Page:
Heather's Hangout

Sharing the people, places & little moments that make a difference.

5 tips to relax and enjoy life October 15, 2017

5 tips to clear your head_blogheader

It’s been an odd weather week in southeast Michigan. Dreary, downpours, high winds, then sunshine, humidity and warm temps, then back at the wet, gray again. So when the sun glimpsed out, I quickly pulled on my cycling shorts and jersey, grabbed my gear, loaded my bike and headed to my favorite rails-to-trails. I needed fresh air, quiet trails, sun on my face (with sunscreen, of course) and the feel of my muscles moving.

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It was a shorter ride, just under 30 miles, but, oh my, did it feel good to be on my bike after almost two weeks without cycling. Glorious, really. I just haven’t had the chance. And I felt it. Mentally, physically and emotionally. Between my recent trip to Boston, the wet weather, work (where I’m temporarily taking on part of a colleague’s responsibility), unexpected bumps of ‘that’s life,’ volunteer projects and trying to maintain the “expected” social life of an active, single woman (ha!), life has been moving at a brisk clip.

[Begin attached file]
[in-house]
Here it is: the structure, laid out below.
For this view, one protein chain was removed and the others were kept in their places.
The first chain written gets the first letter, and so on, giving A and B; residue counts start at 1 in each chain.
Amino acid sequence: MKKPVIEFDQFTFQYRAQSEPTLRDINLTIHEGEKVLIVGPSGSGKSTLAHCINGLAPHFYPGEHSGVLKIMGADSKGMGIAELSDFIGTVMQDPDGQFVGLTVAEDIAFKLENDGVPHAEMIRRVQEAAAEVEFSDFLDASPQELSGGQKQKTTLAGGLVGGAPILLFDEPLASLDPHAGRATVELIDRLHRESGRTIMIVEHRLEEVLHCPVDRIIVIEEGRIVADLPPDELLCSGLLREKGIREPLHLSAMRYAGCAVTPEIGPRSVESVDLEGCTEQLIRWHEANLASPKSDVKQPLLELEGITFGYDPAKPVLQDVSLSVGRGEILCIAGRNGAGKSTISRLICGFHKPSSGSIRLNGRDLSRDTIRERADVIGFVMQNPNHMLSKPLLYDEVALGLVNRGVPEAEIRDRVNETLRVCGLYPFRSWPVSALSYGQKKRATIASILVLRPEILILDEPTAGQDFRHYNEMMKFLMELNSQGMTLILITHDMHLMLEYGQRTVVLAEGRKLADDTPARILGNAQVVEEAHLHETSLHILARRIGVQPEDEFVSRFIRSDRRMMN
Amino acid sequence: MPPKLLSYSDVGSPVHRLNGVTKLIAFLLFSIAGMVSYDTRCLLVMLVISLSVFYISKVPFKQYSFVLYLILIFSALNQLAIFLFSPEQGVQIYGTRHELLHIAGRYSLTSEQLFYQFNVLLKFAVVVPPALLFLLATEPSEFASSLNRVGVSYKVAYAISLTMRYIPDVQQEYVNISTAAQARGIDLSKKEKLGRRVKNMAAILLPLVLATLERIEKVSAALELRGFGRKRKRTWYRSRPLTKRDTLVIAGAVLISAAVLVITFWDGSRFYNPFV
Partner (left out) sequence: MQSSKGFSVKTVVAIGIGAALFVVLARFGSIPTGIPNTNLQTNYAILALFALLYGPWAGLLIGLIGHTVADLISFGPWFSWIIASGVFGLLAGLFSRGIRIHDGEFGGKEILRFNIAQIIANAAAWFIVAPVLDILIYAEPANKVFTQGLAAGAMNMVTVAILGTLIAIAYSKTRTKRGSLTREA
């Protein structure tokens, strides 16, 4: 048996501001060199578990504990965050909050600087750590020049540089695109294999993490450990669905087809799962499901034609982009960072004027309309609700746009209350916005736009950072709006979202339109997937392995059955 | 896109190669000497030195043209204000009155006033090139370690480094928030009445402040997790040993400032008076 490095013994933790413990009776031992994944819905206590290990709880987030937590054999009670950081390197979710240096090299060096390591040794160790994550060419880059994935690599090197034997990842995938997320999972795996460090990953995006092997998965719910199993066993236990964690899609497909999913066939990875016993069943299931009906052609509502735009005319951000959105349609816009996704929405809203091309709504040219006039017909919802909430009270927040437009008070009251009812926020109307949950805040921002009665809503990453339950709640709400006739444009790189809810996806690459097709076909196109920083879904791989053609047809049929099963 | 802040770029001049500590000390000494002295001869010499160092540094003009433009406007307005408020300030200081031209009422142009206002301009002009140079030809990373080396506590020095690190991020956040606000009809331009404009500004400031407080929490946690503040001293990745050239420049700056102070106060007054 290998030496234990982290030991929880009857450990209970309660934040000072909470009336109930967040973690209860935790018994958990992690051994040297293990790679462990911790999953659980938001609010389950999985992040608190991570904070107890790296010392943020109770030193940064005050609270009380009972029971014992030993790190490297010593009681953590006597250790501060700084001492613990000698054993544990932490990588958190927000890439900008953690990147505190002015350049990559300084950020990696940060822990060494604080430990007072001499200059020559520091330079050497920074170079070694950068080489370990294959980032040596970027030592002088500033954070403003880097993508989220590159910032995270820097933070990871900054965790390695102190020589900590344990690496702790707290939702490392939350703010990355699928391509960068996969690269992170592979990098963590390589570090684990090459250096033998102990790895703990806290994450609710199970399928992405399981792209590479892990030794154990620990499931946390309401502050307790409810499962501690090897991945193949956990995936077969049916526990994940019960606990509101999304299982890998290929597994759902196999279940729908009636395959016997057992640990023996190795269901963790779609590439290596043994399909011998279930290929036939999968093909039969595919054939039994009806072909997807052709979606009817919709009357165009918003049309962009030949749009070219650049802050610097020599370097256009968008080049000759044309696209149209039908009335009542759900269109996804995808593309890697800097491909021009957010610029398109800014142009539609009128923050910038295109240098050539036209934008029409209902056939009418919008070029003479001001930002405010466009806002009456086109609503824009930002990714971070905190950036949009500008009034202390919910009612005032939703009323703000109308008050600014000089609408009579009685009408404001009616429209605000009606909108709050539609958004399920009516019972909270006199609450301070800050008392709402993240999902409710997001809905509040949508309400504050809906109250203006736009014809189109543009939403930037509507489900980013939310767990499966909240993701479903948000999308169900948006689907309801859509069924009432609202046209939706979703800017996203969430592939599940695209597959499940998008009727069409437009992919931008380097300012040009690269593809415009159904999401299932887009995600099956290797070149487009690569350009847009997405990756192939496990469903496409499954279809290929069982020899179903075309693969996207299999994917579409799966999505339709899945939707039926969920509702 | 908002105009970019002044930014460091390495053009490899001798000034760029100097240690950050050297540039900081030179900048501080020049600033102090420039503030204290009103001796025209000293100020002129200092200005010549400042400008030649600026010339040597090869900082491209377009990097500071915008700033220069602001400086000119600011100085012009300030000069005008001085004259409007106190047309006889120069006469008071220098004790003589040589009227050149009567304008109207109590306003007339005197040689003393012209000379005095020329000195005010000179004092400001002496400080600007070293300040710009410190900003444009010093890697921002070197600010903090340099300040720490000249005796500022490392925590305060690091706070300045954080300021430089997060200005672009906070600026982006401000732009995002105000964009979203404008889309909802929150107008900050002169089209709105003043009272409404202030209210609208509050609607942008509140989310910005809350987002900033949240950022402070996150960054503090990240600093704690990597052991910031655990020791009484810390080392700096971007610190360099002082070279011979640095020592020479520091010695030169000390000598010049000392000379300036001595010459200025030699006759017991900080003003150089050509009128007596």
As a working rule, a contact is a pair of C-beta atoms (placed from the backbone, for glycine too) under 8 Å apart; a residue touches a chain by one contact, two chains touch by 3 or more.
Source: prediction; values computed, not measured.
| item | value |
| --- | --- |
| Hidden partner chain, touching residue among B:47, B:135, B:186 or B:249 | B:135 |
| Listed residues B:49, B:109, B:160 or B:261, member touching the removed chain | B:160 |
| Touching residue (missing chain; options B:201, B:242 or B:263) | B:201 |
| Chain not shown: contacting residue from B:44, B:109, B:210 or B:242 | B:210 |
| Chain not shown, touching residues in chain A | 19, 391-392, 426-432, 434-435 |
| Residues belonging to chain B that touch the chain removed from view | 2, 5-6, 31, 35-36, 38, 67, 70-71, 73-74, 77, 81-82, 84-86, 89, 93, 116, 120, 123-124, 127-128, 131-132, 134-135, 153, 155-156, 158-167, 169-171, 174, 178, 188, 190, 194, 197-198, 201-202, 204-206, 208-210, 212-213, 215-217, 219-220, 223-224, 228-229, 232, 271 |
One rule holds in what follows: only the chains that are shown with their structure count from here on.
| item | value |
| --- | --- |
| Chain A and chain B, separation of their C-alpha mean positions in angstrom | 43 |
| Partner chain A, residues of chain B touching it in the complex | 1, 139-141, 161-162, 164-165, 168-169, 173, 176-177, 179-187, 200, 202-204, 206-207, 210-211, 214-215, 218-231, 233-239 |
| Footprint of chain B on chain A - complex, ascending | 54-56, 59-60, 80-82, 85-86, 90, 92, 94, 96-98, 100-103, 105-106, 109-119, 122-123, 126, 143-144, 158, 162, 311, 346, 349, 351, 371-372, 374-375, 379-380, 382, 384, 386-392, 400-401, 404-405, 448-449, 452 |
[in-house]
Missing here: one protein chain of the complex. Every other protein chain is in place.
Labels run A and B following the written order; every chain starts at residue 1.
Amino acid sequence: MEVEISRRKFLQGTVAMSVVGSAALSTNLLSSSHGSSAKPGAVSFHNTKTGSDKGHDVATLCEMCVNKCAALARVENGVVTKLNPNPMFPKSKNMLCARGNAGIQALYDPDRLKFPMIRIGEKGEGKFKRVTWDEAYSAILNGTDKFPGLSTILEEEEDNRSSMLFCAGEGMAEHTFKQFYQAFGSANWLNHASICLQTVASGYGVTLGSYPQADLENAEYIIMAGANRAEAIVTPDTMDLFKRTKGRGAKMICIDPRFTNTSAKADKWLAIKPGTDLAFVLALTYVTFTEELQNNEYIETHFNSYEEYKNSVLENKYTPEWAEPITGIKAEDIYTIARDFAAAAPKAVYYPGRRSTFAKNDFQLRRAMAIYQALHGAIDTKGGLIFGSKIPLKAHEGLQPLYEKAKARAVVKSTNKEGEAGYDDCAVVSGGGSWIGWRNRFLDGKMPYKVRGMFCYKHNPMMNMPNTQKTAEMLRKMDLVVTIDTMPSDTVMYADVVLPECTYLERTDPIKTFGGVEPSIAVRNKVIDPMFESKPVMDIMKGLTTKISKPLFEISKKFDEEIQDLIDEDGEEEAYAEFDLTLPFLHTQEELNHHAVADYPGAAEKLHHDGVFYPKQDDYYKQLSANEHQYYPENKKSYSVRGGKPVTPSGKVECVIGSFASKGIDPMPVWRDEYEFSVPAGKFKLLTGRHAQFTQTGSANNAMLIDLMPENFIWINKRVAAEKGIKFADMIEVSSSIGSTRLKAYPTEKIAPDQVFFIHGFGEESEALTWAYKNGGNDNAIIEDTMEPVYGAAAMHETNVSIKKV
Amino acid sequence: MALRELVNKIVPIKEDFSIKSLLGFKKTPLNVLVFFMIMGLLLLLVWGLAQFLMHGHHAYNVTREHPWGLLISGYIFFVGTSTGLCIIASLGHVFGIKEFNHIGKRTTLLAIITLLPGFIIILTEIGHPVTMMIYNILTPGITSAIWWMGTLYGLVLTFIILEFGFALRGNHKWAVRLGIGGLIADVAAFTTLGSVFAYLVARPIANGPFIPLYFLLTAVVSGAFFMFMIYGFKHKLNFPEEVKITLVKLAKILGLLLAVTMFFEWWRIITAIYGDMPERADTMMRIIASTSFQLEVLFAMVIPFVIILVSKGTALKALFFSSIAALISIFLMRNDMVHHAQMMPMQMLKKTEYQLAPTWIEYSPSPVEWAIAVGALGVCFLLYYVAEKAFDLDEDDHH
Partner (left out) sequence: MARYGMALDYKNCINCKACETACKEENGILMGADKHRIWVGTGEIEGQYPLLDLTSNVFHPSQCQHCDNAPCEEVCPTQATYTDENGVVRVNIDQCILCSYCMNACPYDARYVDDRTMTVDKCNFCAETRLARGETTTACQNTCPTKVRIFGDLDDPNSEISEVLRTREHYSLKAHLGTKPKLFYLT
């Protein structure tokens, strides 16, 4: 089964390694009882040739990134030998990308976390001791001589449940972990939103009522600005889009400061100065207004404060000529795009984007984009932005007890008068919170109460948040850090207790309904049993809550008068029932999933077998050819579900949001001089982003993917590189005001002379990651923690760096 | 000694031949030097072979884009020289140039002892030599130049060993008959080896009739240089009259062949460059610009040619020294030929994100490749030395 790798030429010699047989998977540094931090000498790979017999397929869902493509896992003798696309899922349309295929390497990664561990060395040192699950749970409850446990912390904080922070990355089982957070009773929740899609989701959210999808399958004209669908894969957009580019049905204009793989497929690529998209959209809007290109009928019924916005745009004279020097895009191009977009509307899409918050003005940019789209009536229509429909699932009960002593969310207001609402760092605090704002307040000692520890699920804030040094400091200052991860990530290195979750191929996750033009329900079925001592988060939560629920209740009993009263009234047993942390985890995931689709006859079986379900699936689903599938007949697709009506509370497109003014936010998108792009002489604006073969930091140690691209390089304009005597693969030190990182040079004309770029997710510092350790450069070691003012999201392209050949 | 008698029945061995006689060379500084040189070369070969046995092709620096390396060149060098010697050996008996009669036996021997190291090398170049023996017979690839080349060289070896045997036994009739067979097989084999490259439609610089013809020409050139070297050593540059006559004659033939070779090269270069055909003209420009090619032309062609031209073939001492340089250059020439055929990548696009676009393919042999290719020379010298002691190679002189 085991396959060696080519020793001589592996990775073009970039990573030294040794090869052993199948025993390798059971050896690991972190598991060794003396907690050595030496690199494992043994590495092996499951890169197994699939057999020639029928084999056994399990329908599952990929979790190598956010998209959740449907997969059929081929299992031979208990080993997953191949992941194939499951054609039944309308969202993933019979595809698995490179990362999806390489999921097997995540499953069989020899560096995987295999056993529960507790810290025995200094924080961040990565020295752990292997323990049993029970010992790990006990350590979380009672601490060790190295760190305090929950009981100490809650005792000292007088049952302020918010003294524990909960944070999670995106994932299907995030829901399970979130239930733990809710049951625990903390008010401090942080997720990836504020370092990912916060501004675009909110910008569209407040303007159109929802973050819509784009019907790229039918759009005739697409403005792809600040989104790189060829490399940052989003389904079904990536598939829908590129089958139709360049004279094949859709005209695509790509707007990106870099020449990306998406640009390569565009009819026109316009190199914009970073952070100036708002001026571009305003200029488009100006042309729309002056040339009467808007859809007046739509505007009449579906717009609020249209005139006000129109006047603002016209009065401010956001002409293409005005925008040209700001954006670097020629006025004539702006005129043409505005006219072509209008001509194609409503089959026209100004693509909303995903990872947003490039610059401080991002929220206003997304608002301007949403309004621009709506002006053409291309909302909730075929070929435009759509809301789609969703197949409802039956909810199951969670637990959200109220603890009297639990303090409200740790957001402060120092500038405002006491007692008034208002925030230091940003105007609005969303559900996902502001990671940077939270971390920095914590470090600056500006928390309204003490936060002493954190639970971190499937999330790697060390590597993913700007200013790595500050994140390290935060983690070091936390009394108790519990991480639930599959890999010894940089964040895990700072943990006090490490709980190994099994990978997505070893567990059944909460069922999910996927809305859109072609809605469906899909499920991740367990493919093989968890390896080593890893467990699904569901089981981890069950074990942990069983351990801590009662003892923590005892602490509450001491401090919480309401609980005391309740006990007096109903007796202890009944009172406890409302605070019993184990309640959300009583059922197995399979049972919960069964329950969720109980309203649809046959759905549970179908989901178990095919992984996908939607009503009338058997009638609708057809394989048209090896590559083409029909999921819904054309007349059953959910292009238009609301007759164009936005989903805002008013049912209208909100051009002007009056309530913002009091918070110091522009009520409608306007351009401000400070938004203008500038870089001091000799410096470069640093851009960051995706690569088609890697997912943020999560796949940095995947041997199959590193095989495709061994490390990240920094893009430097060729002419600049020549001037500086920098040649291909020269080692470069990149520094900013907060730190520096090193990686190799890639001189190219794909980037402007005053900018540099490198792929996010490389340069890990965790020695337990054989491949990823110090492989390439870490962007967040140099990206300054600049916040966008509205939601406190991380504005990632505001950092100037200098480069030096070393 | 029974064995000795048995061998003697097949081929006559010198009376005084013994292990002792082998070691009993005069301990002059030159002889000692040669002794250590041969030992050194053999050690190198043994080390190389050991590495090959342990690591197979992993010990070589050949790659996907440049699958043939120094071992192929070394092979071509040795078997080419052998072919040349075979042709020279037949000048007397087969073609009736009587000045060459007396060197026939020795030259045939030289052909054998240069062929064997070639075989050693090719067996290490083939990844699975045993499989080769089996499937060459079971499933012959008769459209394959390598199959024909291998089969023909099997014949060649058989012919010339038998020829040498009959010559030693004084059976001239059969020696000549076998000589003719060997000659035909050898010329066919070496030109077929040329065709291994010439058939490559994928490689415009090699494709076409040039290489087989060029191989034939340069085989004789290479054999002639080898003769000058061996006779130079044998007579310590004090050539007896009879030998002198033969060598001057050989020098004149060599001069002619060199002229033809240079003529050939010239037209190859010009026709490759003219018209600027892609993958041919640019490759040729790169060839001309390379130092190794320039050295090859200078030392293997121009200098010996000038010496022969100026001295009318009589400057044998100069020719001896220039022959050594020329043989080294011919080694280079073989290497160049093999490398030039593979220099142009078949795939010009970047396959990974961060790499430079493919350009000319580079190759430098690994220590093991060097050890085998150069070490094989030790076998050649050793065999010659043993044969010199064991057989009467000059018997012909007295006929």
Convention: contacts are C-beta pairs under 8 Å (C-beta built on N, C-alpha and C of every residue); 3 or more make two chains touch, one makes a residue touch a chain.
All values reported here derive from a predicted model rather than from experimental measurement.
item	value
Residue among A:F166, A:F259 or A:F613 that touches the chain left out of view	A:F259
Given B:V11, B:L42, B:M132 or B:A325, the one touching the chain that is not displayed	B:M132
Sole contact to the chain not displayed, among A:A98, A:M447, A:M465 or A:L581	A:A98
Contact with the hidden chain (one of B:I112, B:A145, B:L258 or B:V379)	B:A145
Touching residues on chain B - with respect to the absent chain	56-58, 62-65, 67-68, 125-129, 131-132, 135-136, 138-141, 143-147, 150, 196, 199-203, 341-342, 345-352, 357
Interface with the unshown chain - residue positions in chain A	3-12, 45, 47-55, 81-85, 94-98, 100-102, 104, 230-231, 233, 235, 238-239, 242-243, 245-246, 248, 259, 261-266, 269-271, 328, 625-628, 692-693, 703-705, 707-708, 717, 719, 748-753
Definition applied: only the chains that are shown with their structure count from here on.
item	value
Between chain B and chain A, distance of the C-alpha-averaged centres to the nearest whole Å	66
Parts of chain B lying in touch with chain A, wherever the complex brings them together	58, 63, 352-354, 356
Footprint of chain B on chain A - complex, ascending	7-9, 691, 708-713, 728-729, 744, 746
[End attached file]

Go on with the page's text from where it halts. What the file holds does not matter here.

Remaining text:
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It’s also been challenging the past few weeks for the people in my life. We unexpectedly said good bye to a woman who’s been a second mom to me for 40+ years. A friend received the stunning news she has breast cancer and underwent a mastectomy. Another friend decided to end a long marriage. I was asked to mentor two young adult females recently diagnosed with bone cancer. And a few weeks ago a biopsy revealed melanoma in a small mole, requiring additional surgery on my arm.